This article, published in the Michigan State Law Review, argues that this anti-regulatory position is unwarranted. These executive regulatory actions produced large net benefits to the American people, were carried out pursuant to authority delegated by Congress, and were reviewed by the courts. By contrast, more robust action by Congress, as long as Congress continues to exhibit its current gridlock on important policy issues like climate change, is unlikely to be beneficial.

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  • Public Comments

    Comments on Regulatory Impacts Draft Report to Congress

    April 6, 2018

    The Office of Management and Budget’s (OMB’s) annual reports to Congress not only compile all the significant benefits and costs of federal regulations, but they also offer federal agencies and academics an up-to-date summary of the literature on key practices in regulatory impact analysis. As such, OMB’s annual reports should reflect the most comprehensive syntheses of the legal and economic literature on these analytical practices. Our comments on OMB’s draft report for 2017 propose two additions to its summaries of the literature on job impact analysis and on co-benefits analysis

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  • Academic Articles/Working Papers

    Regulation and Distribution

    March 2, 2018

    Most regulations seek to improve social welfare, but maximizing overall welfare may not help or protect all groups evenly. Many economists suggest handling unequal regulatory effects through the tax system. But some harms—like the disproportionately high environmental pollution felt by poor and minority communities and loss of the employment base in rural communities due to shifts in the economy—cannot be addressed by monetary compensation alone.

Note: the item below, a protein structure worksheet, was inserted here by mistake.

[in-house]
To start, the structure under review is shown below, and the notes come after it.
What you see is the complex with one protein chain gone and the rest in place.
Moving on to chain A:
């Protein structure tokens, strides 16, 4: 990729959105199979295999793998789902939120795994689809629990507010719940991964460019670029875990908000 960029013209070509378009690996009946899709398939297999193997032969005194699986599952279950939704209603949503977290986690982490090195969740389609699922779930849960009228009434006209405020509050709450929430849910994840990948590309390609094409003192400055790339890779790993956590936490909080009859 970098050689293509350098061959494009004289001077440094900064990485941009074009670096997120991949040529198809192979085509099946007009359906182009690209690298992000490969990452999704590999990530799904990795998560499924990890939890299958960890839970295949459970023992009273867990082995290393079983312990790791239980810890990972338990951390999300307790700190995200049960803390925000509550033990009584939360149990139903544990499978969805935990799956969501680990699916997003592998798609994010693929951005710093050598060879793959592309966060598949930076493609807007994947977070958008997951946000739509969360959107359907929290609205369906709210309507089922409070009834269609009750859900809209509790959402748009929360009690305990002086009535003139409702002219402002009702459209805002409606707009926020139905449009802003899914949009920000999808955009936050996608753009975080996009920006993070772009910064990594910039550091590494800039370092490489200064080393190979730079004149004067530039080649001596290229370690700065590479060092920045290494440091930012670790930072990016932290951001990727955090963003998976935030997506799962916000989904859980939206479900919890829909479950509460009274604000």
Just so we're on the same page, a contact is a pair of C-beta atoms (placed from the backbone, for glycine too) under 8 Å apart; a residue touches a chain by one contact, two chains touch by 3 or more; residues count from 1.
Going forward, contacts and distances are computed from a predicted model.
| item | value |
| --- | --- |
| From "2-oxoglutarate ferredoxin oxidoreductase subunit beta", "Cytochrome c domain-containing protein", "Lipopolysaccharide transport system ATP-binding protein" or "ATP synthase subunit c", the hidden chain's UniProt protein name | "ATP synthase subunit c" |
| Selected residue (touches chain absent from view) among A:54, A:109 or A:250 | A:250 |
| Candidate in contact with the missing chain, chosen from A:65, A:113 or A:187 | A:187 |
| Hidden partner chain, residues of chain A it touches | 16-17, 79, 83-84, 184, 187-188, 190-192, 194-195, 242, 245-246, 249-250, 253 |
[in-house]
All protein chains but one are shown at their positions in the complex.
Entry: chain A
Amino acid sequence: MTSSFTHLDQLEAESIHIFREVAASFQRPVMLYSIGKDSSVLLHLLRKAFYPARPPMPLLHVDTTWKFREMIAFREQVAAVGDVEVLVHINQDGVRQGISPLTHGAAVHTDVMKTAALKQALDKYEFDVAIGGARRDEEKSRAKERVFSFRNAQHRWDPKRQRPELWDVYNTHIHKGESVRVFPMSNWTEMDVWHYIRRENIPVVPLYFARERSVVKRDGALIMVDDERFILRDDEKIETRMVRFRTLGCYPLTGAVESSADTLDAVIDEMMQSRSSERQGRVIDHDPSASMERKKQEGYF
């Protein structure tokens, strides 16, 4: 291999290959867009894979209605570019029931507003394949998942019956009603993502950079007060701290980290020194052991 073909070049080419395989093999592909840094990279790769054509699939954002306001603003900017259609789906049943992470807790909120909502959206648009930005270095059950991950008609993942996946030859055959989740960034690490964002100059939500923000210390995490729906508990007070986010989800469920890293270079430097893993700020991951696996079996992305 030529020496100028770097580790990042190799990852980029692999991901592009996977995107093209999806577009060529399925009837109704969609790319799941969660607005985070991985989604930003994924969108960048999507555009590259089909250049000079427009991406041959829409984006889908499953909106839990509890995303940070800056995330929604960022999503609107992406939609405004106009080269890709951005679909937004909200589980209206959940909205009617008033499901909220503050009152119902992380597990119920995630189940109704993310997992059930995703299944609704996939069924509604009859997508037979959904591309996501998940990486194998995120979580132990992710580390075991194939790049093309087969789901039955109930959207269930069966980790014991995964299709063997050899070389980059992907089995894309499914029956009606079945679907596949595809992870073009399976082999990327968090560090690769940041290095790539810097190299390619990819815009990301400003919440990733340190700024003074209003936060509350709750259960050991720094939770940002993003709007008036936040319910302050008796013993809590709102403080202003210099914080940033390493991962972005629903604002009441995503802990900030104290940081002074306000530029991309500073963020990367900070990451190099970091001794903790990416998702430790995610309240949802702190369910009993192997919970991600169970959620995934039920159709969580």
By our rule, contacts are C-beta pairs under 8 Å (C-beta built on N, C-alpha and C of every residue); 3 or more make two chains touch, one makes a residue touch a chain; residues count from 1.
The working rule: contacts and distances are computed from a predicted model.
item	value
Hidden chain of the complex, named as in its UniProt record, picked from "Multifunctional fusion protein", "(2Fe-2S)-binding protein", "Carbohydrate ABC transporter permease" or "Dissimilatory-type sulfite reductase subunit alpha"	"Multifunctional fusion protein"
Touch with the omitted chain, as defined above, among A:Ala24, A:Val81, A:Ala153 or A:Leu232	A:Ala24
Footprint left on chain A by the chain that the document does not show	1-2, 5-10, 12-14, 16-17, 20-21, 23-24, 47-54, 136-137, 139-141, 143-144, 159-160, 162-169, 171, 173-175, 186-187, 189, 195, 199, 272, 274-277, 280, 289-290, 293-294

A new article by Richard Revesz, published in the NYU Law Review, offers a blueprint for establishing a standing, broadly constituted interagency body charged with addressing serious negative consequences of regulatory measures on particular groups. Highlighting past ineffective approaches to addressing distributional concerns in environmental justice and coal miner compensation, the article also gives examples of effective executive action for helping displaced coal miners and addressing the costs of climate change.

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  • Court Filings

    Policy Integrity Brief Cited in Housing Rule Decision

    December 23, 2017

    In a decision ordering the Department of Housing and Urban Development (HUD) to implement a fair housing rule that the Trump administration sought to delay, Chief Judge Beryl A. Howell of the U.S. District Court for the District of Columbia cited Policy Integrity’s amicus brief in the case. The Small Area Fair Market Rent rule, finalized under President Obama, seeks to give low-income families greater access to housing in higher-rent neighborhoods and break up areas of concentrated poverty. Our brief argued that, in suspending the rule’s implementation for two years, HUD violated principles of administrative law by disregarding economic impacts and failing to seek public comment. Judge Howell found that HUD’s decision to delay the rule exceeded the agency’s legal authority and that the reasons it gave for doing so were arbitrary and capricious. She ordered HUD to implement the rule by January 1, 2018.

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  • News

    ACUS Adopts Recommendations on Marketable Permits

    December 14, 2017

    The Administrative Conference of the United States (ACUS), an independent federal agency that recommends improvements to government processes and procedures, recently approved a set of recommendations from Policy Integrity’s Jason Schwartz concerning marketable permits. Marketable permits, in the appropriate context, are a powerful tool for achieving policy objectives more efficiently, by letting market participants buy and sell compliance obligations. But like all markets, permit markets require proper oversight to prevent market manipulation. The new recommendations adopted by ACUS provide agencies with best practices on structuring and overseeing marketable permit programs.